Appleton's Cyclopedia of American Biography, edited by James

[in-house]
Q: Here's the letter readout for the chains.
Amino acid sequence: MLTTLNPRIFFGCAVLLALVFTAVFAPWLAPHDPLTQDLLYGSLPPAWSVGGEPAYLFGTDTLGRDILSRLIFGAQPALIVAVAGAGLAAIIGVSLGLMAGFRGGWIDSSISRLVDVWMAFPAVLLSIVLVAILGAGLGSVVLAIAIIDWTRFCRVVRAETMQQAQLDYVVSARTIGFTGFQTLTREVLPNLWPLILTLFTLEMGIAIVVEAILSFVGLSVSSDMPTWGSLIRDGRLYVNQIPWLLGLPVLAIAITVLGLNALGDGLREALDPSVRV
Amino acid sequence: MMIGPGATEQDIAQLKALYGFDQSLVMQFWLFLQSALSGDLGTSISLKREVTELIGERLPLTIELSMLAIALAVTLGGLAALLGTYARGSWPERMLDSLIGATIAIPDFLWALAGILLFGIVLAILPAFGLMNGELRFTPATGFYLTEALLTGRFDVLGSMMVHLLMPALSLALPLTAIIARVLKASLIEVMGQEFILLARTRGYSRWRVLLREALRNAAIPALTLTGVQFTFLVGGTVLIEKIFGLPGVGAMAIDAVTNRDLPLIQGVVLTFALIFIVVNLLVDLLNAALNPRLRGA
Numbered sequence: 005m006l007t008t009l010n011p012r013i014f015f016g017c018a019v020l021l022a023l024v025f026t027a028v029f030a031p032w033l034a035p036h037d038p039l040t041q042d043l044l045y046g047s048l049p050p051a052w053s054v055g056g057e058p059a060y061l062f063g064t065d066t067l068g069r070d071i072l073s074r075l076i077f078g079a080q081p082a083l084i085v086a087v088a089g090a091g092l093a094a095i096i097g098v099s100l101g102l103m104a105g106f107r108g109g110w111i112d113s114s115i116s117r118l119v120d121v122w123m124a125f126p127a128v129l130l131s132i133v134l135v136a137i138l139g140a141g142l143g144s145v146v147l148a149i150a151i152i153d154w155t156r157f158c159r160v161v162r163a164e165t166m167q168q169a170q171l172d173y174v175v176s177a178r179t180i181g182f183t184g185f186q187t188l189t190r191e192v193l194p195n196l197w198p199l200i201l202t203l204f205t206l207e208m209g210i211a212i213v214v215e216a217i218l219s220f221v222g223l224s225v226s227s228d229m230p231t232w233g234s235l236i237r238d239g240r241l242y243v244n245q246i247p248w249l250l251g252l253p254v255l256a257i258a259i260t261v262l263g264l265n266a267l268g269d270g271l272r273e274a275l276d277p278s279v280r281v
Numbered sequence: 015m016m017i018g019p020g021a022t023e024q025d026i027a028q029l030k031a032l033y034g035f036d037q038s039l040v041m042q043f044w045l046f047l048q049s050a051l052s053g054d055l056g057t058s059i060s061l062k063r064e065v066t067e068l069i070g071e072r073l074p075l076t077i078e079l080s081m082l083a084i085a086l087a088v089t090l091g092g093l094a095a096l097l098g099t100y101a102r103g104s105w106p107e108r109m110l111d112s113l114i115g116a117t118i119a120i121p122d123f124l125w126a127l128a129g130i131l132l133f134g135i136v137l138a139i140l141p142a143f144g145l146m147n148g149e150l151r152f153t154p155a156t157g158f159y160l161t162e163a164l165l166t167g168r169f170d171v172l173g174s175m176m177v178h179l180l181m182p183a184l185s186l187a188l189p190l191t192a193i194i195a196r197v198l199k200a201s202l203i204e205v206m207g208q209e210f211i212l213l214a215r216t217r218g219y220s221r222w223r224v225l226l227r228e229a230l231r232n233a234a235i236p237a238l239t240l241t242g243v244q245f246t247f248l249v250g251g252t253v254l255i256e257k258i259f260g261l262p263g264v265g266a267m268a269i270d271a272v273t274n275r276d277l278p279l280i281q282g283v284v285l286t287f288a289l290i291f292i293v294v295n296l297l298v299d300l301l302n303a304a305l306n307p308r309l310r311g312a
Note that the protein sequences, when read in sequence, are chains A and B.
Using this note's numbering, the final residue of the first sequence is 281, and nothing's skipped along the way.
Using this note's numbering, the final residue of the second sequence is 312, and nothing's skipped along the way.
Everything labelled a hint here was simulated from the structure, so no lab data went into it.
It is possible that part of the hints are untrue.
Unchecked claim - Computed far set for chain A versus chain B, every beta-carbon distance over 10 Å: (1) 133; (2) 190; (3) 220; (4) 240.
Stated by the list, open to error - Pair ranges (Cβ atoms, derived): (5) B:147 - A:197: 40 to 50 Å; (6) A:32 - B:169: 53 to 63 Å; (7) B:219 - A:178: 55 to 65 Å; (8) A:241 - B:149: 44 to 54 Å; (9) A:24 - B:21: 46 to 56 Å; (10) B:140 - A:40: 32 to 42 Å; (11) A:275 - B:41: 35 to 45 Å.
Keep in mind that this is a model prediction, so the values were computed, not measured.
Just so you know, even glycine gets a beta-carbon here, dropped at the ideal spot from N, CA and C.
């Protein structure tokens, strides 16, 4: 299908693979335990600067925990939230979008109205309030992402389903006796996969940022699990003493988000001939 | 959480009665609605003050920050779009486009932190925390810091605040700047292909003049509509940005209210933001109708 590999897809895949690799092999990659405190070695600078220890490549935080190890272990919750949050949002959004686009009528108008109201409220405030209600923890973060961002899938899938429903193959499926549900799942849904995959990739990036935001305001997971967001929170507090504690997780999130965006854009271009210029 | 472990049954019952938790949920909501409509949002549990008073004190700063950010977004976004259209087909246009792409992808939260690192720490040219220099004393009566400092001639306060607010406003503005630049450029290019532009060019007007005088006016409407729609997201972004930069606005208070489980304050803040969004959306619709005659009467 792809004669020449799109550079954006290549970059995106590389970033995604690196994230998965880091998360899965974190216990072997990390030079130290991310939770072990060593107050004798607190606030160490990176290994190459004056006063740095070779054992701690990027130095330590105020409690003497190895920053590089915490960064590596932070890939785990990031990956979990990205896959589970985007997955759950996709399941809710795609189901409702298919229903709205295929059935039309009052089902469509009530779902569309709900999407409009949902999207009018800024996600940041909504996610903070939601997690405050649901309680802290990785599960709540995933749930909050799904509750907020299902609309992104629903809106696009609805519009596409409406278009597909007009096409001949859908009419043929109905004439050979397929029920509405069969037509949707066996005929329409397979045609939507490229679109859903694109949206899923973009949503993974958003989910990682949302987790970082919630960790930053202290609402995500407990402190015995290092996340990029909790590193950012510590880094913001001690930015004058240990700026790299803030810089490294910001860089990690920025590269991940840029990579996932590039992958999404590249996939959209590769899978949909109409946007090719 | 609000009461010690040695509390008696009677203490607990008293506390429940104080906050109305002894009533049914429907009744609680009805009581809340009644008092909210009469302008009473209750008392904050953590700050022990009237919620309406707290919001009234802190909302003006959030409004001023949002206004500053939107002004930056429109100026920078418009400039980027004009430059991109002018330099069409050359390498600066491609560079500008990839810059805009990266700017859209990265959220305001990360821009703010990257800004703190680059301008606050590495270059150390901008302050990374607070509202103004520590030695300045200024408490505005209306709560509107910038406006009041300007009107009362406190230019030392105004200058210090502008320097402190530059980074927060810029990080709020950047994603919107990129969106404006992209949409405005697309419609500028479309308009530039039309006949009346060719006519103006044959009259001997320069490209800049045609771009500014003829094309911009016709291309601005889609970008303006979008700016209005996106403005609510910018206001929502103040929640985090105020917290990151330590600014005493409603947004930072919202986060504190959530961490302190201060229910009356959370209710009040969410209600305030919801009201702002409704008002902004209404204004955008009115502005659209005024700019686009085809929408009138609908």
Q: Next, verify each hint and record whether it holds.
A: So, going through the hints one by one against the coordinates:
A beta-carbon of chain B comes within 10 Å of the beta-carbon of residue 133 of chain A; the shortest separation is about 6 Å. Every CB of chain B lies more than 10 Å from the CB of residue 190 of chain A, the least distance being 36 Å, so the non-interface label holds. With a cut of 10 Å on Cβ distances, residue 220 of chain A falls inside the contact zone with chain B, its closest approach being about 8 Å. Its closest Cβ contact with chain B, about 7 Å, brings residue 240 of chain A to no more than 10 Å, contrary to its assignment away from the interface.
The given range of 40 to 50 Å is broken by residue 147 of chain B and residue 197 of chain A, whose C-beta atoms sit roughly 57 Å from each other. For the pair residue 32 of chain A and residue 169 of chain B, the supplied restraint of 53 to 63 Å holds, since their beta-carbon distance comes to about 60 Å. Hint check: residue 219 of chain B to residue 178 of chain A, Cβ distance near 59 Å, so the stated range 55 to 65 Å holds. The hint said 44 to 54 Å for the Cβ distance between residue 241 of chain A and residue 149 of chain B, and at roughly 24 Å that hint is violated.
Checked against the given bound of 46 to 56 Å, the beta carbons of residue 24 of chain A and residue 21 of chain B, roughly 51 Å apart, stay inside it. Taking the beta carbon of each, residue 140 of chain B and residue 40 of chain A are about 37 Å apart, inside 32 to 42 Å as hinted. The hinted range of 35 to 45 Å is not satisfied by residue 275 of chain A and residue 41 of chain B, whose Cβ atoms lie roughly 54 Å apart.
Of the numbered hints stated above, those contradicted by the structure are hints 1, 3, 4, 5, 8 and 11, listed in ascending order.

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SANBORN, John Benjamin, soldier, born in Epsom, New Hampshire, 5 December, 1826. He was educated at Dartmouth, studied law, and was admitted to the bar in July, 1854. In December of that year he removed to St. Paul, Minnesota, where he has since resided, engaged in the practice of the law when not in the public service. As adjutantgeneraland quartermaster-general of Minnesota he organized and sent to the field five regimentsof infantry, a bat-talion of cavalry, and two batteries of artillery in 1861, and in the spring of 1862 left the state as colonel of the 4th Minnesota volunteers, remaining in active service in the field to the close of the war. At Iuka, his first battle, he commanded the leading brigade and was commended in the official report.. About 600 of his men, out. of 2,200, were killed and wounded in little more than an hour. For this he was appointed brigadier-general of volunteers, but the senate allowed this appointment to lapse, and after the Vicksburg campaign, on the recommendation of General McPherson and General Grant, he was again commissioned to date from 4 August, 186& This appointment was confirmed by the senate. He participated in the battles of Corinth, Port Gibson. Raymond, Jackson, and Champion Hills, and in the assault and siege of Vicksburg. He was designated to lead the advance into the town after the surrender, and superintended the paroling of the prisoners of war and passing them beyond the lines. This honor was conferred on account of his gallant conduct and that of his command, especially at the battle of Jackson. After October he commanded the district of southwest Missouri and a brigade and division of cavalry in the field in October and Novem-bet, 1864, and fought the actions of Jefferson City, Booneville, Independence, Big Blue, Little Blue, Osage, Marias des-Cygnes, and Newtonia. He was never defeated by the enemy, and never failed of complete suocess except in the assault of 22 May at Vicksburg. He conducted a campaign against the Indians of the southwest in the summer and autumn of 1865, opened all the lines of communication to the territories of Colorado and New Mexico, and terminated all hostilities with the Comanche, Kiowa, Cheyenne, Arapahoe, and Apaches of the upper Arkansas, by the treaties that he concluded at the mouth of the Little Arkansas in October, 1865. After this, in the winter of 1865-'6, under the direction of President Johnson, he adjusted amicably the difficulties growing out of the war between the Cherokees, Choctaws, Chickasaws, Creeks, and Seminoles and their slaves, and declared the slaves of these tribes free. In 1867 General Sanborn was designated by congress as one of an Indian peace commission, and with the other commissioners negotiated several treaties which have remained in force and. in connection with the report of that commission, have had a great influence in the amelioration of the condition of the Indians. He has been a member of the house and senate of Minnesota on various occasions.
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